As You Like It: Online Makeup


William Shakespeare’s As You Like It is a romantic play that started the trope of a woman disguised as a man. His playful play explored the dynamics between multiple couples through friendship, compromise, and love. Performed at the RSC’s Courtyard Theatre in Stratford upon Avon but watched online by yours truly, this play was a joy to watch and you can experience it too on Digital Theatre Plus.

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Written by Grace Chen

Although these performances are recorded online, the feeling of a live play is still present In the show. The camera work makes up for the lack of connection between the performer and audience in an in-person play. The closeups allow the viewers behind the screen to have a better understanding of what the actor is trying to convey.' In fact, I liked this aspect of watching a recording the most since there have been many times where I’ve sat far away from the stage and have had trouble seeing what the actor’s facial expressions are.

The biggest hurdle for a Shakespearian play in modern society, in my opinion, is the language. Simply reading Shakespeare’s plays is difficult but his words are decipherable since I can reread a passage. However with a performance, I found it difficult to follow what the performers were saying in each bit of dialogue. Yet, I was amazed that I was still able to understand what was happening. The superb acting helped the most in my understanding since their facial expressions and actions showed me what the relationships between characters.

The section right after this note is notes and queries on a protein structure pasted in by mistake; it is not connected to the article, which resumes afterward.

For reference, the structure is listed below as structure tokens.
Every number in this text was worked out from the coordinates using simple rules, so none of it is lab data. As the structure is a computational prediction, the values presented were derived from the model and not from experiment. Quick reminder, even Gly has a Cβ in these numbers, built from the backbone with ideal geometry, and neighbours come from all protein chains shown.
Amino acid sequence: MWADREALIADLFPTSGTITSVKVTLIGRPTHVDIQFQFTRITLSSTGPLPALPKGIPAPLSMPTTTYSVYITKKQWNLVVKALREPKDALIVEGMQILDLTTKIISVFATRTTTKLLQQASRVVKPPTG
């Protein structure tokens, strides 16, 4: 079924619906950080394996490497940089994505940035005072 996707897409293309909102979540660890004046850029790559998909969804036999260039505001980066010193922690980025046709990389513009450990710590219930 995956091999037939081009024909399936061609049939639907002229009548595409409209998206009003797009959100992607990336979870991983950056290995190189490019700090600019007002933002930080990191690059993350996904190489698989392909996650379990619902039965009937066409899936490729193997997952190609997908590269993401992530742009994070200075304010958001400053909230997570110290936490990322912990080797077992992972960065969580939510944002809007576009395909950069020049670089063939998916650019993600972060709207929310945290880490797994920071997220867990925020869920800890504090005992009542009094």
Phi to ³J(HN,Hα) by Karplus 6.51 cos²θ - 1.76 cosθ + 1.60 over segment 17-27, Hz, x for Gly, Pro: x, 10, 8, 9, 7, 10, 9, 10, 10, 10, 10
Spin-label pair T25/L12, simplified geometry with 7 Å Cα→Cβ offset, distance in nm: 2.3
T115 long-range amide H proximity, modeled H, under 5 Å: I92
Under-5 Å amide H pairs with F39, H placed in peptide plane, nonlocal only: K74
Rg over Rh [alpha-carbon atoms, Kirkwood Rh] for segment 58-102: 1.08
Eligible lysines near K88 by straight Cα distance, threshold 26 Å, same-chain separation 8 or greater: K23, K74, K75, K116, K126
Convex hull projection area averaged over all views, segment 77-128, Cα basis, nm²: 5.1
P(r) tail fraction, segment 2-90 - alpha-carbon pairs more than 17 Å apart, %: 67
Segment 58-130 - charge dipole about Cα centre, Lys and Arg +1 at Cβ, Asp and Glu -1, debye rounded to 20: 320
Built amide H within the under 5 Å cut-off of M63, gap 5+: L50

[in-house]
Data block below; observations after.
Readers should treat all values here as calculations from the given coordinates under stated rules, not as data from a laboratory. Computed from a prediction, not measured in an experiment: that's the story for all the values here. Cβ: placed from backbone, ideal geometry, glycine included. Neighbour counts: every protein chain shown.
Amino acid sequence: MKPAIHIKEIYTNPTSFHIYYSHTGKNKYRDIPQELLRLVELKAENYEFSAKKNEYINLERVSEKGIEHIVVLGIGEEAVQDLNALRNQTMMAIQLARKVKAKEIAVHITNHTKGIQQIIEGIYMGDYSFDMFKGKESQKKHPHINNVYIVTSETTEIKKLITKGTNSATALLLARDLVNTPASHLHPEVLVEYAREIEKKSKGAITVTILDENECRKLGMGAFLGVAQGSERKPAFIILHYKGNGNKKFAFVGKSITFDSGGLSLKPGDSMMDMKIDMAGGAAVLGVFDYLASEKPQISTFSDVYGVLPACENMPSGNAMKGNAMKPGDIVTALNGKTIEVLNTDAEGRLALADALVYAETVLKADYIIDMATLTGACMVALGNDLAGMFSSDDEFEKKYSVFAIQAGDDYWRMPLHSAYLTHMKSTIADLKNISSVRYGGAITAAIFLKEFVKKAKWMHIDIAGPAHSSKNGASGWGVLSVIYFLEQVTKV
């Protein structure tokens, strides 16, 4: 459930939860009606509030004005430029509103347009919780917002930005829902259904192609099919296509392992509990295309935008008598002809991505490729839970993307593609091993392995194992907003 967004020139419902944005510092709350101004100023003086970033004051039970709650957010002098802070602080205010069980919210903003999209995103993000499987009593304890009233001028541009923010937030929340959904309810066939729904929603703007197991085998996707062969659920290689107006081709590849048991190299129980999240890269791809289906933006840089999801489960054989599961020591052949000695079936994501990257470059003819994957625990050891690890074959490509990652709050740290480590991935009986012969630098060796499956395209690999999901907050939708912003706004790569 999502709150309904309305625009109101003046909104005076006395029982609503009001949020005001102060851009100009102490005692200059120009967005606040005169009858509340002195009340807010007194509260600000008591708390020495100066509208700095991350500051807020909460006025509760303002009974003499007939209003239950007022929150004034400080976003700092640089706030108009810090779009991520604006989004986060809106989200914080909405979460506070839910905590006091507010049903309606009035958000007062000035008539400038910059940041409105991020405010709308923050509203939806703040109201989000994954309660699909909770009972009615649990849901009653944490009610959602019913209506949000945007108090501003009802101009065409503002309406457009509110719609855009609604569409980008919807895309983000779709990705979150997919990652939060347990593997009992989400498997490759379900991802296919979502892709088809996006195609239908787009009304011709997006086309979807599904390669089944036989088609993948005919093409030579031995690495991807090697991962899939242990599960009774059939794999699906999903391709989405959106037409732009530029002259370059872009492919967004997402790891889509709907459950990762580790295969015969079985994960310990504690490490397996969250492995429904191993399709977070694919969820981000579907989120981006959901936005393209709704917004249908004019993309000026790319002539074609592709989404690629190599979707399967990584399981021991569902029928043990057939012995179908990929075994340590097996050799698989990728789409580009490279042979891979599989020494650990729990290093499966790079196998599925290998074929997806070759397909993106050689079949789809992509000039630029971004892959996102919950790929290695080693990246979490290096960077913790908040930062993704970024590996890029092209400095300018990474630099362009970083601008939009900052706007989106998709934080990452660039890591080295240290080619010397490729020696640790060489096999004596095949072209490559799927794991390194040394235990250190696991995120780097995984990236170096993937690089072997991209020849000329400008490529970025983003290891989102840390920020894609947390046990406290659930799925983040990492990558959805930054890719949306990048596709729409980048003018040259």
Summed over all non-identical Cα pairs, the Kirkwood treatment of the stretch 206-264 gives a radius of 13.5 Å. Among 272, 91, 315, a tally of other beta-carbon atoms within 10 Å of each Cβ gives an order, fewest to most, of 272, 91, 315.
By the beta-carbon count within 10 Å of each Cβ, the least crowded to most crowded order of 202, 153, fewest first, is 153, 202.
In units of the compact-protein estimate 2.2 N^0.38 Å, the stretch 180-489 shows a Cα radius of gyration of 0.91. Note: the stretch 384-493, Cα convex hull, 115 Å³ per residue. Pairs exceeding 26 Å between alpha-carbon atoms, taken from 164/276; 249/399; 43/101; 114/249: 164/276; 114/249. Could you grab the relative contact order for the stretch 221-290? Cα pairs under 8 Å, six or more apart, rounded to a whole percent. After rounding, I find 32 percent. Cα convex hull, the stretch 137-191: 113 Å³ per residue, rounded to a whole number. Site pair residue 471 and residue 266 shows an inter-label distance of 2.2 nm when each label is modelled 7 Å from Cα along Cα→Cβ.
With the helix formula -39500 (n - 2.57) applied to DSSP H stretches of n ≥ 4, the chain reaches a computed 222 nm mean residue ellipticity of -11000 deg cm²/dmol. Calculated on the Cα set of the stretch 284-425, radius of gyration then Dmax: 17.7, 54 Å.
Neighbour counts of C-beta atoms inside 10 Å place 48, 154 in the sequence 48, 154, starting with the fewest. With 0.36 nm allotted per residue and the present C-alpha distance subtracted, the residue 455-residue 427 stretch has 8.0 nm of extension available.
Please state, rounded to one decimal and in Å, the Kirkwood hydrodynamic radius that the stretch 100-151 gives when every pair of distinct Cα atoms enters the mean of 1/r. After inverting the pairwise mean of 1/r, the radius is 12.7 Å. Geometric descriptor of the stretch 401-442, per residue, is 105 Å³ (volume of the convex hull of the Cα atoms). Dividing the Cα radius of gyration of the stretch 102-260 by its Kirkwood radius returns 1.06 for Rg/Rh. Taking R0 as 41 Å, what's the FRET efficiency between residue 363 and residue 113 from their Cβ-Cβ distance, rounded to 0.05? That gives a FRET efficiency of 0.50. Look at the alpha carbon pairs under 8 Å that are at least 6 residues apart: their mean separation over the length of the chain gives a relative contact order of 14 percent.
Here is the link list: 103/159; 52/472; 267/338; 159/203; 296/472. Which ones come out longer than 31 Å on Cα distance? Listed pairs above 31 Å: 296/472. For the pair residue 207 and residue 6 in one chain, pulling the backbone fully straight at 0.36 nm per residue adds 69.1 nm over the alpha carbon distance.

For example, at the beginning of the play, brothers Orlando and Oliver have a dispute. At first, I was focusing too much on the language and was trying to figure out why they were yelling at each other. After a while of listening, I gave up trying to decipher what they were saying and instead focused on how they were saying it and their body language. It was easy to tell that they were having a dispute that involved their father but it became clear that Orlando was unsatisfied with his education and engages in a brawl with Oliver. By paying less attention to the words the actors were saying and more on the performance, I was able to gather Orlando’s frustrations and his goal for the next scene: to beat the wrestler, Charles.

Although this play was too cheesy for me, the performance given by the actors made the entire play enjoyable. Again, you can watch it or any other Shakespeare production on Digital Theatre Plus. Have fun!

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